Act I

Political fugitive Cesare Angelotti, a former Consul of the Roman Republic, is hiding in Sant'Andrea della Valle basilica, having escaped from prison. His sister, the Marchesa Attavanti, has prepared women’s clothes for him so that he can leave Rome unrecognised.

The Sacristan appears. He is unhappy with his job and with Mario Cavaradossi, the artist who is painting the church. The artist himself enters. The Sacristan recognises a beautiful parishioner in the painted image of Mary Magdalene, and Cavaradossi reflects on how different beauty can be. Grumbling, the Sacristan leaves, and Angelotti draws Cavaradossi’s attention. The artist is ready to help the fugitive, but Floria Tosca, a famous singer, comes in at this moment, and Angelotti hides again, taking Cavaradossi’s lunch basket with him.

Tosca has come to agree with her beloved Mario on their meeting in the evening. The whisper that she hears makes her suspicious and jealous. Cavaradossi manages to calm his lover. They agree to meet in the evening, after Tosca’s performance, and spend the night on his distant villa. Tosca is ready to leave when she recognises the Marchesa Attavanti in the painted image of Mary Magdalene. Her jealousy flares up once again, but Cavaradossi’s love wins and Tosca leaves appeased.

Angelotti reveals that his sister hid some women’s clothes for him in the chapel and that in the evening he is going to put on the disguise and leave the church. Cavaradossi offers to give him refuge in his villa where Angelotti can hide in a secret niche in the well should danger arise. A cannon shot is heard. It lets everybody know that a prisoner has escaped from the castle. Cavaradossi, determined to fight for the fugitive’s life, leads him away.

The church is filling up with people: they prepare a festive prayer service to celebrate the victory over Napoleon. In the midst of the scurry, Baron Scarpia, the Chief of Police, and his men appear. In the Attavanti Chapel, they discover a basket with food crumbs and a fan with the Marchesa’s crest, and her portrait as Mary Magdalene on the churchwall. Scarpia is certain that Cavaradossi has helped the fugitive. Tosca returns to the church disheartened: the meeting with her lover has to be postponed due to the festivities. Scarpia gallantly and masterfully fuels Tosca’s jealousy; he wants her to lead his agents to Cavaradossi and Angelotti. Tosca leaves in despair; the prayer service begins. Scarpia looks forward to a double victory: one over Cavaradossi and Angelotti, and another over Tosca with whom he has been impassioned for a long time.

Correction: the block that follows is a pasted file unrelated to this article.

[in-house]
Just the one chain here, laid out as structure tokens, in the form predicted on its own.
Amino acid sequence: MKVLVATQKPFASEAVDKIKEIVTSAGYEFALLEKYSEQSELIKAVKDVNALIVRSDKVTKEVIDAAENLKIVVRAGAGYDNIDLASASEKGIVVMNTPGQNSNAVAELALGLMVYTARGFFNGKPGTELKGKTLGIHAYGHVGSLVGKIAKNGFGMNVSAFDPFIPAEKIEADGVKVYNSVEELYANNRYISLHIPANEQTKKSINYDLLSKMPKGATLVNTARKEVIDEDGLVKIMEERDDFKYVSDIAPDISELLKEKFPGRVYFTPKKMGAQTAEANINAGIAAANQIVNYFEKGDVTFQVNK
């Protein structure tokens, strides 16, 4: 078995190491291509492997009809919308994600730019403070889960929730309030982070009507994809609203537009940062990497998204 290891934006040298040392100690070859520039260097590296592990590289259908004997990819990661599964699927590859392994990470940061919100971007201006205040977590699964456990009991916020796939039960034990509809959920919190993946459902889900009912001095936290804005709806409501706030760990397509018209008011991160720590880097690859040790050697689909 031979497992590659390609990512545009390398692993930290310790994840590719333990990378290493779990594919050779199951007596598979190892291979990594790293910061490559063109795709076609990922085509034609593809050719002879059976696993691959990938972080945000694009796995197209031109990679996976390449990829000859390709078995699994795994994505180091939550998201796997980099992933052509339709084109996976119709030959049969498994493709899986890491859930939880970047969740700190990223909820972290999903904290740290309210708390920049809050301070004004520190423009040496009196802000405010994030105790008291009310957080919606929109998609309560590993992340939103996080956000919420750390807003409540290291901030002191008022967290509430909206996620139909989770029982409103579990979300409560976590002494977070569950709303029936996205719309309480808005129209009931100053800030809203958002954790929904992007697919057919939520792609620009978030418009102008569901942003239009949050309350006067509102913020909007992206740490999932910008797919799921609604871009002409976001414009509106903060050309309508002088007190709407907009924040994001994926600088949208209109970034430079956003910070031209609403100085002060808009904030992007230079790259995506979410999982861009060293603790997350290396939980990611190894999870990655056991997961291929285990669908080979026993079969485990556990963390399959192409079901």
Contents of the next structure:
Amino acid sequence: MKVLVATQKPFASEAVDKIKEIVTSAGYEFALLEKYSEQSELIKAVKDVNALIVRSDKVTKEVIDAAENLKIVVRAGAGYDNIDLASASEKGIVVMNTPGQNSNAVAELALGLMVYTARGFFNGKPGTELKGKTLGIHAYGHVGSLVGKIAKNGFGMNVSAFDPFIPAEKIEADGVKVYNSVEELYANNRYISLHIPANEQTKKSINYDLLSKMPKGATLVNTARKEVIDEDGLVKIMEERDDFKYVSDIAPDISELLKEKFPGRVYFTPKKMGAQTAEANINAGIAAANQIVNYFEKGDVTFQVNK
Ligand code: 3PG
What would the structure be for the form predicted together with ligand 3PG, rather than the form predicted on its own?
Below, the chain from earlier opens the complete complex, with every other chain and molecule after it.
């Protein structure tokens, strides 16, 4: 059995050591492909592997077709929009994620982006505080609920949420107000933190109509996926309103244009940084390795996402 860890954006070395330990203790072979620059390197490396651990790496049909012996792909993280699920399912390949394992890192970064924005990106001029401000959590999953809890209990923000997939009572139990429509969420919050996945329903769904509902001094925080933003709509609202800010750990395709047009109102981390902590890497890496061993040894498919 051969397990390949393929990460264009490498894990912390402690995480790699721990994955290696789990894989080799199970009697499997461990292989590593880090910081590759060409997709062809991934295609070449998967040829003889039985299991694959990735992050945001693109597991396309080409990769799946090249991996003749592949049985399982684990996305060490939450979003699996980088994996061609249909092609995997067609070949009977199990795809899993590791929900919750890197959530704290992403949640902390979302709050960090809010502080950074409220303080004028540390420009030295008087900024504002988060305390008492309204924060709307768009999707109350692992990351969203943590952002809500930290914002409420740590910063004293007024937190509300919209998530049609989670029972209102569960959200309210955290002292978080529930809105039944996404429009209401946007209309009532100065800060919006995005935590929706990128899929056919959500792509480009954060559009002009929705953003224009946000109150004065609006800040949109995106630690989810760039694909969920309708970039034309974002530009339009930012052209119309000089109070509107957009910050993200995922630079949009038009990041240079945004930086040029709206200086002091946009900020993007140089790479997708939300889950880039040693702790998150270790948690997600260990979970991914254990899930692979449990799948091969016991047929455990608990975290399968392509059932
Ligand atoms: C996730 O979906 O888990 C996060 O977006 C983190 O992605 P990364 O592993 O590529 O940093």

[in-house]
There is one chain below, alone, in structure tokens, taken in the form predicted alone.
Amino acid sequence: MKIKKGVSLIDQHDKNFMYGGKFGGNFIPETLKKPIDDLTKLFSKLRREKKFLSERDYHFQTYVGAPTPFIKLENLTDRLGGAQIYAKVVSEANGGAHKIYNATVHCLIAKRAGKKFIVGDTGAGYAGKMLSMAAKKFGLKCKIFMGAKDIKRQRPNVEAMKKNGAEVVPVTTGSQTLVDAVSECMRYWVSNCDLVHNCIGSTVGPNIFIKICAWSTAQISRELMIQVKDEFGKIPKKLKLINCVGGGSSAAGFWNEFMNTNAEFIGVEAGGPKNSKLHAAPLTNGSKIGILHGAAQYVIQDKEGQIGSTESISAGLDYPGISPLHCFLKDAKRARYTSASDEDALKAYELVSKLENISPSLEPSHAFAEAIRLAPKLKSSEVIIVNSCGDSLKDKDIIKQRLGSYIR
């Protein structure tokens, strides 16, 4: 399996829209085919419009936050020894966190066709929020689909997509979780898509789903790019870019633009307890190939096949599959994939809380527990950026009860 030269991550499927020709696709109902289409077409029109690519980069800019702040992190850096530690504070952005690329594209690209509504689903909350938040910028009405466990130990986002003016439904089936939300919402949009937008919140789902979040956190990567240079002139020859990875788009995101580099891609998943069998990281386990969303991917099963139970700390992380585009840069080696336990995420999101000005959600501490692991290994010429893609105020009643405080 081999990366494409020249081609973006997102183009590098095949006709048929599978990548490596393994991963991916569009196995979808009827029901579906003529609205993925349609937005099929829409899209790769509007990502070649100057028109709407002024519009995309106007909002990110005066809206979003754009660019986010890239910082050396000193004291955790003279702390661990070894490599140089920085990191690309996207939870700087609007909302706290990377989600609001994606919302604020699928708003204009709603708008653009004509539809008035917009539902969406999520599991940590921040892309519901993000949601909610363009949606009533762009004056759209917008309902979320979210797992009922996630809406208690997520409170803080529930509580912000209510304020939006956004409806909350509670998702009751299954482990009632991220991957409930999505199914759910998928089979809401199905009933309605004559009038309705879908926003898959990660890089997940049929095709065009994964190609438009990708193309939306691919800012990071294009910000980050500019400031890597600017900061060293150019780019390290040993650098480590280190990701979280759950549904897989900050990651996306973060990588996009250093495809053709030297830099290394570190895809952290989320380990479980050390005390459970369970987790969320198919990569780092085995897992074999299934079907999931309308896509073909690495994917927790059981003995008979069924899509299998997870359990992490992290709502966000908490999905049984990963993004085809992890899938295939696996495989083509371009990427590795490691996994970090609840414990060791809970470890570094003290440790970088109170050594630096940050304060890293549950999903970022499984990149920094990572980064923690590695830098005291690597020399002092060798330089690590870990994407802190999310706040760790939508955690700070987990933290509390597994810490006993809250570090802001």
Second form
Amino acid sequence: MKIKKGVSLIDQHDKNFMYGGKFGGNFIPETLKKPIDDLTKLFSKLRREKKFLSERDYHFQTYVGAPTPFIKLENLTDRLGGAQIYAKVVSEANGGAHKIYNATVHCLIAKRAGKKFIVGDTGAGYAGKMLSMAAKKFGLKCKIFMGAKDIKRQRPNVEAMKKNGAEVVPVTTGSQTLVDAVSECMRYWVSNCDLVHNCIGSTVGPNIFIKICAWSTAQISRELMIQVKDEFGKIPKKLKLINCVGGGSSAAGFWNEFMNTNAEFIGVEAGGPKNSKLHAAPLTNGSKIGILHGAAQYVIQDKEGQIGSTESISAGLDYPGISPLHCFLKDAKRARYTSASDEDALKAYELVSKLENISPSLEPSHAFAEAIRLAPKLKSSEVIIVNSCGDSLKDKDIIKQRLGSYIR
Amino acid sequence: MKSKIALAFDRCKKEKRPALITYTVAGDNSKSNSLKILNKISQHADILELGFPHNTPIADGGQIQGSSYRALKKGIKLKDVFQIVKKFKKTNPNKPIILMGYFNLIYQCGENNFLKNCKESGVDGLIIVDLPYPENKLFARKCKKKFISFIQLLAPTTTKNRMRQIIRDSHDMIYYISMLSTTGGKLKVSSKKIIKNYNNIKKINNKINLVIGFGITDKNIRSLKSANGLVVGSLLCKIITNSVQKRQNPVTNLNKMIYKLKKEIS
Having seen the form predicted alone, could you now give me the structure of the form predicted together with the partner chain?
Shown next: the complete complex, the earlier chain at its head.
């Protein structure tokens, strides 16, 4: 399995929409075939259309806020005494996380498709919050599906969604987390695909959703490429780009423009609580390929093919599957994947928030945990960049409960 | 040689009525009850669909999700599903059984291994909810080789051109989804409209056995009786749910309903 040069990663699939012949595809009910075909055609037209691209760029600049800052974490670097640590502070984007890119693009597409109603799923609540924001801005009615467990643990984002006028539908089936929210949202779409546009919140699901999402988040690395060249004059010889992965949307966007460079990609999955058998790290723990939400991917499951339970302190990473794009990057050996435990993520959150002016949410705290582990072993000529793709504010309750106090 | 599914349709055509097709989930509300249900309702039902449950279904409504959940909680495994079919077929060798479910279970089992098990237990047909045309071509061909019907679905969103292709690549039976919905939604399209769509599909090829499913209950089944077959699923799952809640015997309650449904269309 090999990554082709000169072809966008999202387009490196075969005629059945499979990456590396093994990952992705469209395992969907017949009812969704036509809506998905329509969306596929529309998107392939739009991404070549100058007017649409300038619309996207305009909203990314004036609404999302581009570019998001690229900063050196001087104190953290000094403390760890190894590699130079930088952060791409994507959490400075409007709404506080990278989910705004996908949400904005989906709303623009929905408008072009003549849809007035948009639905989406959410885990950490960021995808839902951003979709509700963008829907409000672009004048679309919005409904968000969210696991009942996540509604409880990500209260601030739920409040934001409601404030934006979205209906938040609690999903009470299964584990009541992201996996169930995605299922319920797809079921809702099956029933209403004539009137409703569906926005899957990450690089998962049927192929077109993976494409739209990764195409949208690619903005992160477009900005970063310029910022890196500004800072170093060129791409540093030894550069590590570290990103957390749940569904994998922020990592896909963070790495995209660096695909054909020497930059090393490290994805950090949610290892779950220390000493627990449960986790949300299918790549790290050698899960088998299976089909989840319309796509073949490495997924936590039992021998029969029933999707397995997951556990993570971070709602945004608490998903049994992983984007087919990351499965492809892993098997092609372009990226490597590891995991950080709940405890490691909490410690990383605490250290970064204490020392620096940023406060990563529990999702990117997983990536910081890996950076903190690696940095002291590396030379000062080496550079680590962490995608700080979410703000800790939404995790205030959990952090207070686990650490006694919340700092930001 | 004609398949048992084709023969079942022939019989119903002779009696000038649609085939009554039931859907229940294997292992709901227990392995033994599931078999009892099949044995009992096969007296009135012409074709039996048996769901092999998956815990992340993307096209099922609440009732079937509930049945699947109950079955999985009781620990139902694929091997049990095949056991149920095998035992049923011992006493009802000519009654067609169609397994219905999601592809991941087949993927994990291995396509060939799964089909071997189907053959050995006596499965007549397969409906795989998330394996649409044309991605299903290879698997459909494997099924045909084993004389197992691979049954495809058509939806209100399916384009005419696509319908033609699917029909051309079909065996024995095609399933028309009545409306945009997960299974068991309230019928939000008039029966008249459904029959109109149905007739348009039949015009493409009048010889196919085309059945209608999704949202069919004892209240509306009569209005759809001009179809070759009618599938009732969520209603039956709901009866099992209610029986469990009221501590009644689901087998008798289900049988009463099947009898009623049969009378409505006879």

Act II

Palazzo Farnese. Scarpia is waiting for Tosca. She is to come right after singing a festive cantata in honour of the victory over Napoleon in the Battle of Marengo. Spoletta appears: he was sent to follow Tosca. He informs that Tosca briefly visited Cavaradossi’s villa, where Angelotti, the criminal, has not been found, but Spoletta has arrested the artist himself.

The interrogation of Cavaradossi is futile and Scarpia commands to torture him. Tosca arrives. Cavaradossi’s moans make her reveal that Angelotti is hiding in the well in Cavaradossi’s garden. Scarpia sends Spoletta to seize Angelotti. Sciarrone announces that it was Napoleon who won at Marengo. Cavaradossi rejoices at the news.

Scarpia gives an order to execute the painter.

Tosca begs the Baron to release Cavaradossi. Enjoying her suffering, Scarpia promises to pardon the artist if Tosca becomes his mistress. Neither her fury nor her woes can soften his heart. Tosca has to comply.

Scarpia orders to fire blanks at Cavaradossi so that when the soldiers leave he and Tosca can flee together. Scarpia gives Tosca a safe-conduct pass that will help them escape from Rome without a hindrance. And yet, when Scarpia approaches Tosca to embrace her, she pierces his chest with a knife.


Castel Sant'Angelo.

Only one hour left till Cavaradossi's execution. As the artist asks his jailor to pass his farewell letter to Tosca and immerses himself in his memories, Tosca appears. She shows Cavaradossi the pass given by Scarpia and relives the murder she has committed. Cavaradossi consoles her and praises her courage.

Tosca tells him the execution will be a sham: he has to fall down as he hears the shots, and the lovers will be able to flee after the soldiers leave. Cavaradossi tries to believe the scheme and comforts his beloved, who is exhausted by all the worries of the day.

The jailor comes to fetch the artist. The guns fire, and Cavaradossi falls onto the ground. The soldiers leave. Tosca rushes to Cavaradossi but he does not respond. He is dead.

Sciarrone, Spoletta and other policemen enter. They have discovered that Scarpia was murdered. Tosca does not let them seize her: she throws herself over the edge.